Remember that episode of Seinfeld when Jerry forgot his new girlfriend’s name? All he could remember was that it rhymed with a female body part. Testing out some options, he whispered, “Mulva….” in her direction, but he got no response.
Mulva, of course, rhymes with vulva. The vulva is really a collection of female anatomical structures and not a single body part. The term is used to describe structures of the external female genitalia, including the mons pubis (the fat pad that cushions the pubic bone) labia majora (outer lips), and labia minora (inner lips), openings of the urethra and vagina, the perineum, and the clitoris. Jerry’s girlfriend was named Delores, by the way.
It is not unusual for women to have vulvar pain – pain in some or all of these structures. When this pain occurs, it is known as vulvodynia. Some women with vulvodynia experience a general pain throughout the area, while other have pain in a more localized spot. The pain itself can vary in nature – it can be aching, stabbing, itching, throbbing, or burning.
For some women, the pain of vulvodynia is intermittent and they have period of relief in between bouts of pain. For others it is constant. Many women who suffer from vulvodynia find sitting difficult and experience pain during intercourse. Some find the idea of intercourse unthinkable.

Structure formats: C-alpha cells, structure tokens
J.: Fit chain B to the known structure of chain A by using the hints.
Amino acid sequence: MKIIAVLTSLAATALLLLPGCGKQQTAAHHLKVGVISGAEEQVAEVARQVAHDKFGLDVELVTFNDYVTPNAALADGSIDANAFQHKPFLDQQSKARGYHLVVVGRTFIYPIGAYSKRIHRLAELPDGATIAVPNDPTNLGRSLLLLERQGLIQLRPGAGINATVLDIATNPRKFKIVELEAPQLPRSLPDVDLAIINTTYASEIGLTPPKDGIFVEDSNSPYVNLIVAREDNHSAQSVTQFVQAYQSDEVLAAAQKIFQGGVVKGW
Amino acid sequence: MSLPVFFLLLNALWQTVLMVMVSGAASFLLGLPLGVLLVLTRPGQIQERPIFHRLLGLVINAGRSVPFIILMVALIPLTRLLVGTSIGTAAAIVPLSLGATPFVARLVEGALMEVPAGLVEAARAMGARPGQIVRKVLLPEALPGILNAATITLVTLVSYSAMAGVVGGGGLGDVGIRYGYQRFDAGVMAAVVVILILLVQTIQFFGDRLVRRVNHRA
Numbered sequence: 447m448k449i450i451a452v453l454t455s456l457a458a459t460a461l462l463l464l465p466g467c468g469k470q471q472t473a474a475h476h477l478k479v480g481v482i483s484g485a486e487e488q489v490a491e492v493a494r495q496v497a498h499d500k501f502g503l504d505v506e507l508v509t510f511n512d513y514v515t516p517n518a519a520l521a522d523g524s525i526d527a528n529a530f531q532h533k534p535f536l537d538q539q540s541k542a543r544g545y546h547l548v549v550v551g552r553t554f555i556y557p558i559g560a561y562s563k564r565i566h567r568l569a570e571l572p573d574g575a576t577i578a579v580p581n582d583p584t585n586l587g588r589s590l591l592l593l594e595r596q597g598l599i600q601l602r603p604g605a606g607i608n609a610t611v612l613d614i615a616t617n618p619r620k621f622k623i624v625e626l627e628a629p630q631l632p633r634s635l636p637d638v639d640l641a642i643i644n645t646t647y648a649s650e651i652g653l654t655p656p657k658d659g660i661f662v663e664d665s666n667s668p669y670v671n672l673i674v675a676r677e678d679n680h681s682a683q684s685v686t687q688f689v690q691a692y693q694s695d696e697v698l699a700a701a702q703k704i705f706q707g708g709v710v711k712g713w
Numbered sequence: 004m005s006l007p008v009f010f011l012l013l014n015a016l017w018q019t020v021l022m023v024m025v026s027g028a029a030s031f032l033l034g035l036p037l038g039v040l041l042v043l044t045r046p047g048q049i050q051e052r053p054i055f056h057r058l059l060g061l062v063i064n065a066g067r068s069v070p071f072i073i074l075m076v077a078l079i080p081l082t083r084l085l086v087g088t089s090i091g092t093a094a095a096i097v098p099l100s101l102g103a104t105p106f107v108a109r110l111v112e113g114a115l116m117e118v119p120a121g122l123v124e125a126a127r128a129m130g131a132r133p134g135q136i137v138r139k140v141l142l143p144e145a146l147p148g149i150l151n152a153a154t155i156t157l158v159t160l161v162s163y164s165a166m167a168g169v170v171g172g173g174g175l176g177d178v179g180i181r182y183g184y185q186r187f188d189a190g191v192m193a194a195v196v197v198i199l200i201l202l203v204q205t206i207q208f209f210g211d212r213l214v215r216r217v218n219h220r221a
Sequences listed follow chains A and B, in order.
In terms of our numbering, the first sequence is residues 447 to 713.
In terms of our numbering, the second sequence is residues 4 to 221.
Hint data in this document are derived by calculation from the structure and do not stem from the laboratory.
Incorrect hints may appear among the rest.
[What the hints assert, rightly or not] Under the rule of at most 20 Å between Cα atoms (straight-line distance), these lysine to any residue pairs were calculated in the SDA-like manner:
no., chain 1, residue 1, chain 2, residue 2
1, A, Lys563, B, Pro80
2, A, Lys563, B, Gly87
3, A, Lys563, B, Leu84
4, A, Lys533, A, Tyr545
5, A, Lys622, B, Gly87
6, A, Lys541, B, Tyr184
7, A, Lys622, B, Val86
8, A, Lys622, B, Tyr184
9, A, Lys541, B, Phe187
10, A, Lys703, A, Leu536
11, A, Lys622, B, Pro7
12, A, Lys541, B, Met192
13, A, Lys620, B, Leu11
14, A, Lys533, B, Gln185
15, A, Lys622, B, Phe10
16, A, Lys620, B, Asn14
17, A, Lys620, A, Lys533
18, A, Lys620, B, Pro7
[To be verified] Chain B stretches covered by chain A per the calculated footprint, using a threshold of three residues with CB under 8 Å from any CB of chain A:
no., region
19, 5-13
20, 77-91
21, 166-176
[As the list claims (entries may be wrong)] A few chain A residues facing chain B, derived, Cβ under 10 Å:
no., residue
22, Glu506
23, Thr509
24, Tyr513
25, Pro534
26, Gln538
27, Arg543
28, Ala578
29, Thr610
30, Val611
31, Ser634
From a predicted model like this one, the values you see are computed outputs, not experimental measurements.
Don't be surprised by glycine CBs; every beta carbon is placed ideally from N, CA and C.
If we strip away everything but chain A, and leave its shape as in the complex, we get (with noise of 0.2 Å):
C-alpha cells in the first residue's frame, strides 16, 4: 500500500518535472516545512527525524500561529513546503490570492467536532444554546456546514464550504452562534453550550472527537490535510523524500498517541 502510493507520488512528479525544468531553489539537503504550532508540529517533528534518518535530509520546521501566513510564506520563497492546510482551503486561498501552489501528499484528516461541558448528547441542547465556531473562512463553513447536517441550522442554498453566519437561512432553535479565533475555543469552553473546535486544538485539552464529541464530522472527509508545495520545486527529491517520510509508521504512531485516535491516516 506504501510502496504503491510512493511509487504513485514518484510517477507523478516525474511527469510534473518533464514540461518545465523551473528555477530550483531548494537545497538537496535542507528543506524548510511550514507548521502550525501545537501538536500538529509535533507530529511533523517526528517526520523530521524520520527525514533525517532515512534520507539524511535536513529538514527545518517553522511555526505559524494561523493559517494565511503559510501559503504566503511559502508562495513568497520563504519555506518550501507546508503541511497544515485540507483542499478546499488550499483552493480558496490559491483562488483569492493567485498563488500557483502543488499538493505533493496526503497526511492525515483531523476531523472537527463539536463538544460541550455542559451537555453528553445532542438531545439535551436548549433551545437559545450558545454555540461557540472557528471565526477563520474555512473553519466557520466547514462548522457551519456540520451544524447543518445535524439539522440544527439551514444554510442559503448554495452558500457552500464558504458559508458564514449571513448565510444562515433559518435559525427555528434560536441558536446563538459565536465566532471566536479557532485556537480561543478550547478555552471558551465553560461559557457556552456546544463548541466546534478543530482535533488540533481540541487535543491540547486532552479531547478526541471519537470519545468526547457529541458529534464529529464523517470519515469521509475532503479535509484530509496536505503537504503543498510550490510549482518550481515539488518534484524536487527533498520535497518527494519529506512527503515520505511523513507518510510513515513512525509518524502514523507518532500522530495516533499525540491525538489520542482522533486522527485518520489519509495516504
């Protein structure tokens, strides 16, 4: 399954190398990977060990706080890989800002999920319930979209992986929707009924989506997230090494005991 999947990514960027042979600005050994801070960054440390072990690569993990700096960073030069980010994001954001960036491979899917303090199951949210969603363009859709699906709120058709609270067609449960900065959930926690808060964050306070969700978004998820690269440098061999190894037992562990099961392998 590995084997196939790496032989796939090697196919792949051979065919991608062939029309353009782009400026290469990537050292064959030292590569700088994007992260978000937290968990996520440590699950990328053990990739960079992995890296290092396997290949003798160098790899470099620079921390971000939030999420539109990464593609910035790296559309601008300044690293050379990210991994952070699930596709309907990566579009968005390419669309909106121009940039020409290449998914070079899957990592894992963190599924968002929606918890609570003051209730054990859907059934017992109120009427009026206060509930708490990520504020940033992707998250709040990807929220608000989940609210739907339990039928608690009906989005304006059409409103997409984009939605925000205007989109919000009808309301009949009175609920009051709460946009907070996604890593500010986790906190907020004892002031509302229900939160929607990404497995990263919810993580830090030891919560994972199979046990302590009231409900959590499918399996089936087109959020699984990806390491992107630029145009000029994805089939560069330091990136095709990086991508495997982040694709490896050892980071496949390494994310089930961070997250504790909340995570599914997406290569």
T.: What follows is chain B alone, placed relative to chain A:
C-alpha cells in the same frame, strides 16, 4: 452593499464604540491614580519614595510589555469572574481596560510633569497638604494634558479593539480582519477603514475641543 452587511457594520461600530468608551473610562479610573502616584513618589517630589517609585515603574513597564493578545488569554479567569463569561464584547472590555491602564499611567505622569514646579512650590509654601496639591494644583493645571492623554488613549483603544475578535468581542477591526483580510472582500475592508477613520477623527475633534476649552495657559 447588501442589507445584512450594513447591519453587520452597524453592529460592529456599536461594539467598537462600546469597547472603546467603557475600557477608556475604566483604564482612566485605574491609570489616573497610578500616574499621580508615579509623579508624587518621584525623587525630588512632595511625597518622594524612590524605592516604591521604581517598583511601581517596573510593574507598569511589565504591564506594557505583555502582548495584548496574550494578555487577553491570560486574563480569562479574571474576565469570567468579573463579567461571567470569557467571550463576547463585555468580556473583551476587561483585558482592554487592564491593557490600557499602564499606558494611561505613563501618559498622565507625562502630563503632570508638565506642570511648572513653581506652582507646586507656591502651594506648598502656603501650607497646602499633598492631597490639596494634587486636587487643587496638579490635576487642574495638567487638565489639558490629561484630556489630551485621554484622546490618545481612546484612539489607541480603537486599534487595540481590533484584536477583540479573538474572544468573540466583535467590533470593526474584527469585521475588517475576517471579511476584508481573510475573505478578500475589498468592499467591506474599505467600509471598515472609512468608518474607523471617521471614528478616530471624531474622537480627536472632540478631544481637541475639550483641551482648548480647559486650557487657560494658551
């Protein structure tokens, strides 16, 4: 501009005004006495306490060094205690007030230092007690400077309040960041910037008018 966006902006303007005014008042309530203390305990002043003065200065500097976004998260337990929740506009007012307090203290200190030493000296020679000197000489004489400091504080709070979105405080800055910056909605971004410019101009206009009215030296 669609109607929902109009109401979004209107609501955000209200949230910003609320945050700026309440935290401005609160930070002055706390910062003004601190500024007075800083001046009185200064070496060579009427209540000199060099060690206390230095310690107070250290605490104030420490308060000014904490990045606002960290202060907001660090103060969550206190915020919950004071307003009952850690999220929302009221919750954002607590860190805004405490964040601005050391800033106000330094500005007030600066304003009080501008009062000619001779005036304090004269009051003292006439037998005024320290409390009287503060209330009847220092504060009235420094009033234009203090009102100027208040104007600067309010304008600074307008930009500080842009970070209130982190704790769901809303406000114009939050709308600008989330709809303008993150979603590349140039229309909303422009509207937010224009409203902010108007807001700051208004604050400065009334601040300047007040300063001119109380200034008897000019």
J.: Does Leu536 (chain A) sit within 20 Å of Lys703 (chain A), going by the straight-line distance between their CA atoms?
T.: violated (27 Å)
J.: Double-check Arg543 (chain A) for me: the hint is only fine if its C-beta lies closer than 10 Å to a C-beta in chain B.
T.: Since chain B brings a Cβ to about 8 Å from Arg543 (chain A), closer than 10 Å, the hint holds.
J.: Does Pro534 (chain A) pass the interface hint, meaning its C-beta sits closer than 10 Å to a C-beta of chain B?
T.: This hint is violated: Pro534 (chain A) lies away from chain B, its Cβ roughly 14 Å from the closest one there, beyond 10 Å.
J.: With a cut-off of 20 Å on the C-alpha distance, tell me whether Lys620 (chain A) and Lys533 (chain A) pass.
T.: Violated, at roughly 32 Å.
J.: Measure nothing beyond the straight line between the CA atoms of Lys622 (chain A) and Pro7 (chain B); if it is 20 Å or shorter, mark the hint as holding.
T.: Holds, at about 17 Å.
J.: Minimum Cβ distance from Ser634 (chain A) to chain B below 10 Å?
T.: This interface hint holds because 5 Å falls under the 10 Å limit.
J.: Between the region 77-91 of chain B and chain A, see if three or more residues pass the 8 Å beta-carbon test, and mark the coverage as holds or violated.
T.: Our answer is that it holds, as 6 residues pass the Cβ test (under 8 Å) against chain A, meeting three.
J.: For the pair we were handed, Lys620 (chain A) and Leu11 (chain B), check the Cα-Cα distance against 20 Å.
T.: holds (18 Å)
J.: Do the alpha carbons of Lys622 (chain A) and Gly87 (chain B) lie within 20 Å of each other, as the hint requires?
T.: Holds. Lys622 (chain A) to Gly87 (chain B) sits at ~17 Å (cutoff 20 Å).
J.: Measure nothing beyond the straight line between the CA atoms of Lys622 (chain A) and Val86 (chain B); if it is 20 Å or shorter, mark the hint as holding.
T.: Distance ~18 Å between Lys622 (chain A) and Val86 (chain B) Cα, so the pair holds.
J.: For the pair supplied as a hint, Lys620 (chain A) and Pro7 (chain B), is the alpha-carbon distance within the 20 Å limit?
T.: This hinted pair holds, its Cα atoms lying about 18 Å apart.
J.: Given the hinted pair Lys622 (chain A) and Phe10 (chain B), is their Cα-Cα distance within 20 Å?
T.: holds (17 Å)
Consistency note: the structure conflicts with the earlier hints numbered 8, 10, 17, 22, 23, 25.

Vulvodynia is a common problem, but that doesn’t mean it shouldn’t be taken seriously. It can interfere with your life and lead to anxiety and depression, difficulty sleeping, relationship difficulties and other issues. It can be difficult to open up about such intimate issues, but for these reasons vulvar pain merits medical attention.
A healthcare provider will first rule out any identifiable cause of the vulvar pain such as infection or injury. If no cause can be found, which is often the case, treatments to alleviate symptoms can be prescribed.
It is important to note that pain without a known cause is just as real as pain whose source is identified. This is why the American College of Obstetricians and Gynecologists emphasizes that “it is important to begin any treatment approach with a detailed discussion, including an explanation of the diagnosis and determination of realistic treatment goals.”
There are a number of treatments used for vulvodynia, including medications, nerve blocks, and surgery. But pelvic floor physical therapy offers a less invasive, more nuanced approach to the problem than some other treatment options.
A pelvic floor physical therapist specializes in the pelvis and other structures within the body which may be affected. Treating the vulva in isolation may not be enough to fully resolve your symptoms. Your pelvic floor physical therapist will provide treatments and home exercises that address the issues in the vulva as well as other surrounding structures.
Living with vulvodynia can be trying. Physical therapy offers a treatment option that may provide relief without need of the more invasive procedures available. It’s important to find a healthcare provider with experience and compassion for women who struggle with this condition. This is the first step to discussing your symptoms and starting your road to recovery – working together, with your therapist.
Would you like to discuss your pelvic health with a physical therapist with specialized training in pelvic issues? Please contact us to schedule your appointment.